For Nikole (Nikki) Bellock, the key to getting ahead in your career is simple: never stop improving. And she would know. Aside from an MBA and years of experience as a product manager, Nikki has been a program director at FranklinCovey, the renowned consulting company behind the best-selling motivational book, The 7 Habits of Highly Effective People, since 2015.
“I try to upgrade my skills or learn something new every couple of years,” Nikki said. That’s why she became interested in the University of Utah Coding Bootcamp.
“I’d finished my Project Management Professional training (PMP) two years ago, so when a friend sent me an email asking if the boot camp would be worth it for him, I thought, ‘Hey this is a great next step for me.’ Coding will be a great skill to add to my professional wheelhouse to help me at my current job.”
And the boot camp paid off. Nikki was promoted from Senior IT Program Manager to IT Program Director within two months of finishing the coding course. But her success and valuable new skill set didn’t come without a lot of hard work and planning.
The tough road learning to code
“[At boot camp], we hit the ground running on day one,” said Nikki. “We literally started coding that first night.” And that steep learning curve and aggressive pace never let up throughout the 24-week course.
“Everyday it was something new—and something over your head—at least it felt that way!” Nikki said. “We even had one week where everyone fell behind. Luckily, the instructors were really great—supportive, funny, and they kept everyone’s spirits up, because it’s such a hard class.”
The coding boot camp intends to push students through an extensive library of programming languages and full-stack development technologies in a compressed timeline. The curriculum is designed to be challenging because in order to succeed in the modern workplace, students need to rethink how they work.
“The core of the program is to push you,” Nikki said. “It takes a lot of tenacity just to stick with it.” And oftentimes that tenacity means studying and practicing on your own time.
DIY skill building
To succeed in the 24-week boot camp, students are expected to dedicate at least 20 hours a week outside of class to study, complete assignments, and work on group projects. “You learn what you can in class and then you go home and you learn more. I think most people would go home and study on their own and try to hone their skills,” Nikki said.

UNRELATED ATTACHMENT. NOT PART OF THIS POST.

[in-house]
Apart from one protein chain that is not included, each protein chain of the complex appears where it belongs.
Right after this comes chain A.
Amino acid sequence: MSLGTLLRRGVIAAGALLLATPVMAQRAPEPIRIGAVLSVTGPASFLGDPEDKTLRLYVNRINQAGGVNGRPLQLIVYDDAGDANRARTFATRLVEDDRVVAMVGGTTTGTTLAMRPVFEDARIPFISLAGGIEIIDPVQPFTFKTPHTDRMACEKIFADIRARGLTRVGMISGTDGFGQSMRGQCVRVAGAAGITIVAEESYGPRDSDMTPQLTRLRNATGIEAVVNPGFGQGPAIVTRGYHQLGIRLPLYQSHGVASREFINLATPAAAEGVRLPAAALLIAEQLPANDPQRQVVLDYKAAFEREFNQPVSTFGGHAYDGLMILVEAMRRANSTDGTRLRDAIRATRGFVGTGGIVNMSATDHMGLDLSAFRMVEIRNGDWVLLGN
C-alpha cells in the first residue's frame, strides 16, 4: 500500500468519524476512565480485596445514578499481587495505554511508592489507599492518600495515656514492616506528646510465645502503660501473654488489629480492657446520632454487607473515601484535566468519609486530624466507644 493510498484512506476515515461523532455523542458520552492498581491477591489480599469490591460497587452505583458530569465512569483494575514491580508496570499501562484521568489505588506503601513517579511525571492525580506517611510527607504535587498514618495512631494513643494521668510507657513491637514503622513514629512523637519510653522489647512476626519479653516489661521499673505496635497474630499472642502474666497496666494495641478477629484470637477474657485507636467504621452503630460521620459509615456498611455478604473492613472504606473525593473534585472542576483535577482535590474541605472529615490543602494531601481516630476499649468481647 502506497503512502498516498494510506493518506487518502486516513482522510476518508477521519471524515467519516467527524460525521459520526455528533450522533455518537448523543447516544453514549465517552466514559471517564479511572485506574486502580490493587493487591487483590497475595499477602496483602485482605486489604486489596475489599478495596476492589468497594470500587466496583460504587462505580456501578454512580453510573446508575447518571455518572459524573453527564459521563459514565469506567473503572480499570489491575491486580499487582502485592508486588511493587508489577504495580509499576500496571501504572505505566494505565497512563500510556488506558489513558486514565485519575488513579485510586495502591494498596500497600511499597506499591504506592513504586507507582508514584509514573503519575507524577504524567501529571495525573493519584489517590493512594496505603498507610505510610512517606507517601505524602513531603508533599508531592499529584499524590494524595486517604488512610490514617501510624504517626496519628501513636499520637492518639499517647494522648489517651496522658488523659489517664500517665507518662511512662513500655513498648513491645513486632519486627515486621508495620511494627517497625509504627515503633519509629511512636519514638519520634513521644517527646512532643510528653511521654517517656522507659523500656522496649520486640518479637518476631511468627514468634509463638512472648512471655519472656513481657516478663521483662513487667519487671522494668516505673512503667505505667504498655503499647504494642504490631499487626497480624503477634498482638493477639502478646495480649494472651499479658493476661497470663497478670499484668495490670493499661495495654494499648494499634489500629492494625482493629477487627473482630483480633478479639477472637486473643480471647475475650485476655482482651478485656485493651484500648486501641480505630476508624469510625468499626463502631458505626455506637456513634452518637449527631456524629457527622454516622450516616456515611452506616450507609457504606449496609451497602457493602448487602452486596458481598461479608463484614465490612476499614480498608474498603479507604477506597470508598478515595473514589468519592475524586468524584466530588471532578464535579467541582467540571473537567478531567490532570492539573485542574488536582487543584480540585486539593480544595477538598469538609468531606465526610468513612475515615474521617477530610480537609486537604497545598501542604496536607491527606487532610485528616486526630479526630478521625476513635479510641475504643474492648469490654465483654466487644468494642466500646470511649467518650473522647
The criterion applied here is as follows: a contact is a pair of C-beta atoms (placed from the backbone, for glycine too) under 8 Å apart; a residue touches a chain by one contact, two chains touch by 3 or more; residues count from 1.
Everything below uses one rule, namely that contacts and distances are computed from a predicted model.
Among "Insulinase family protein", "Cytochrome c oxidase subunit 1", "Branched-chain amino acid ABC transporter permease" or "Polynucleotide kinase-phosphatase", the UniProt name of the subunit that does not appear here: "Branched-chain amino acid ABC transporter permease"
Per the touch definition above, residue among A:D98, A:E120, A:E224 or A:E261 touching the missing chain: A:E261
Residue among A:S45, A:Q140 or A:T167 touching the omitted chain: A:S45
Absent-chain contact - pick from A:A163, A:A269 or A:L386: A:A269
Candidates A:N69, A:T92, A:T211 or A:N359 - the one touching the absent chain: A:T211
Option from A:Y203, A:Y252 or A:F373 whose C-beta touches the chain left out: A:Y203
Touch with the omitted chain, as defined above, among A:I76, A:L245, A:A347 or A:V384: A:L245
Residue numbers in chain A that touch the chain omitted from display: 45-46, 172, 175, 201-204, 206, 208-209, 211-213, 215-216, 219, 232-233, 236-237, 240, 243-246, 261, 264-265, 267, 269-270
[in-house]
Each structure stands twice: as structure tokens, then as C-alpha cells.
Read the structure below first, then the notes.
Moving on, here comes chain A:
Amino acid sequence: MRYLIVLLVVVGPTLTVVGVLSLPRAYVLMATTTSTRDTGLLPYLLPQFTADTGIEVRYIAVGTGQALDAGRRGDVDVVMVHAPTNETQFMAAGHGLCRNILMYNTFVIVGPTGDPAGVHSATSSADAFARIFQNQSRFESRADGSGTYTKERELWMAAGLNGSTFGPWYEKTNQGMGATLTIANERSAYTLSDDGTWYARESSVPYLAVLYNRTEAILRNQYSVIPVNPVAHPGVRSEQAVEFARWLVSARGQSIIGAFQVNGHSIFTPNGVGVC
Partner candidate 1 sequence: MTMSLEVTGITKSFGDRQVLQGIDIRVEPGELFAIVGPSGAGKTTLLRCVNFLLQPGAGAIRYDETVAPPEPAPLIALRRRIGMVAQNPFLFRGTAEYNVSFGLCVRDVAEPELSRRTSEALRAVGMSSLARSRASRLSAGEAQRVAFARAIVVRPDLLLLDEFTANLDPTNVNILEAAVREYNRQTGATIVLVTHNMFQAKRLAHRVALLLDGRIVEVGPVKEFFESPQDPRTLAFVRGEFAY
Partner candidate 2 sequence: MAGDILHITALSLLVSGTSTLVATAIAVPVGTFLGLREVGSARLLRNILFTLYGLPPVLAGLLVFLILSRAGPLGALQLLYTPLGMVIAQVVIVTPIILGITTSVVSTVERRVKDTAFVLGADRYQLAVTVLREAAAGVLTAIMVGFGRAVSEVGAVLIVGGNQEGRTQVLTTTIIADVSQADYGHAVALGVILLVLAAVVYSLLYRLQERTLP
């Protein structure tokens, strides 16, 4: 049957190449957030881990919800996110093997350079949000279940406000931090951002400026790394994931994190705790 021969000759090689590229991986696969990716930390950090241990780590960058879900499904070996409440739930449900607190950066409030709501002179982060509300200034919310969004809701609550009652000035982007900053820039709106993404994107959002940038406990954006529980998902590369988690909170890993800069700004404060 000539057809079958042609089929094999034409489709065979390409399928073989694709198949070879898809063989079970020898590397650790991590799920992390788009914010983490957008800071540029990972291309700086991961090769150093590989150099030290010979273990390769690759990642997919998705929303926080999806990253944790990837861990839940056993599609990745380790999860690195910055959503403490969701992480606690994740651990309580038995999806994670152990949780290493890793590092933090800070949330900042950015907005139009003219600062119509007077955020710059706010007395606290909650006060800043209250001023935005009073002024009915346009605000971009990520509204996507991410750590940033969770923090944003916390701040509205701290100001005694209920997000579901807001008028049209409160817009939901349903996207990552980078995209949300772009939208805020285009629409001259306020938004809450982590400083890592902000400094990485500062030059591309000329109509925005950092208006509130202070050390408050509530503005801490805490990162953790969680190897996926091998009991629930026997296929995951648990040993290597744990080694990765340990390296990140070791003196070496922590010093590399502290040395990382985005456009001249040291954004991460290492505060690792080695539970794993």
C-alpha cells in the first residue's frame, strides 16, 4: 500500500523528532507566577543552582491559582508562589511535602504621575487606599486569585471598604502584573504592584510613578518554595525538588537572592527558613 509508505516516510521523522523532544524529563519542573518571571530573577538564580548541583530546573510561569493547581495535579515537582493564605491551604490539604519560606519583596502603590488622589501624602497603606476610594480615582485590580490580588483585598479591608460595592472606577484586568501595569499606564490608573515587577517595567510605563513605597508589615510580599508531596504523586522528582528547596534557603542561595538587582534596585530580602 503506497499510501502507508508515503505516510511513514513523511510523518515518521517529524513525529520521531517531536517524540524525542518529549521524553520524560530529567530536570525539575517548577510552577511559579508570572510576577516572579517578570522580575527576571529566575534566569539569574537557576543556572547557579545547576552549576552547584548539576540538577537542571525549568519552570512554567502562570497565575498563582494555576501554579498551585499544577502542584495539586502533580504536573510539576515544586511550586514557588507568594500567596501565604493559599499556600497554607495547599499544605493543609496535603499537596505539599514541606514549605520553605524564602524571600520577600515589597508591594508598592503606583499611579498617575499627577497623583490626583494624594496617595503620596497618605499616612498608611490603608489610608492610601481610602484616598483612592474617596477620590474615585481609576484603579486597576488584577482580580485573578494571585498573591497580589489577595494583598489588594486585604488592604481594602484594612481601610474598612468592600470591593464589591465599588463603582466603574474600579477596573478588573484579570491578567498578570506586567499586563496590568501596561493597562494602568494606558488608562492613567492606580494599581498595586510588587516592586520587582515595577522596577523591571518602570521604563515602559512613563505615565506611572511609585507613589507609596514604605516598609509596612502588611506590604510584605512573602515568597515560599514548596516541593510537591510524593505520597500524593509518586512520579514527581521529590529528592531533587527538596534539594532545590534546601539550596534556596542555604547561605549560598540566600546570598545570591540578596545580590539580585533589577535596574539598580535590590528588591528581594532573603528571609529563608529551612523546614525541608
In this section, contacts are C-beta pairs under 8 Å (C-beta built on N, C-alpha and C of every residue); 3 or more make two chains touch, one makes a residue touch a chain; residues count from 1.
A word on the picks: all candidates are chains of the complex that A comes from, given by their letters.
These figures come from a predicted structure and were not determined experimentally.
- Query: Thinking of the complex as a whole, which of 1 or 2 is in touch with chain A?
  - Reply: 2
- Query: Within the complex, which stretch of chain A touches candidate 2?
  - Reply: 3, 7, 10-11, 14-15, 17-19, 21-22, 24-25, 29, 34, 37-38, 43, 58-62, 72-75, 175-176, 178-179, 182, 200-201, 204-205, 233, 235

“One of the things I took away from the course was to have patience with myself,” Nikki said. “It was hard not to just ‘catch on’ like I did in college, it’s not like regular school it’s called boot camp for a reason. I had to relearn patience.”
It took a while for her to feel really confident in her learning. But one day, that feeling finally came.
“I never felt like I was ahead of the game until my final project. It was a variation of a friend finder program that matches people with their perfect dog breeds.” Nikki said. “That final project solidified a lot of skills for me. It’s when I finally said, ‘Oh, I can do this!’”
And that technical confidence immediately opened some new doors in her current job.
Why enroll in a coding boot camp?
“When I started the coding course, I managed a team of developers and quality analysts,” said Nikki. “For the most part, I couldn’t help them from a technical standpoint. In part, I did the program was so I could speak more intelligently about the work they do and step in to help where needed.”
And soon, she was promoted. “The promotion to IT Program Director was exciting, but it’s why I took this course in the first place,” said Nikki. “I do these things strategically. I thought the coding boot camp would the next best move for me and that full stack development skills would make me even more valuable.”
Her company isn’t the only one who recognizes the value of her new skills. Since adding “full stack developer” to her LinkedIn, numerous recruiters have reached out.
Building better teams
For Nikki, success is centered around improvement. Investing the time and energy into her skills makes her better at her current job and more likely to succeed in the future.
“Development isn’t about being in a silo,” said Nikki. “Once you show that you’re someone developers can bounce ideas off of, they get really excited, and great things happen.”
Her biggest takeaway is the importance of constant learning.
“The development world changes so much that you can’t be afraid to learn new things. If you slack on that, you’ll be left behind quickly. If you’re gonna grow with the times you have to stay on your toes.”
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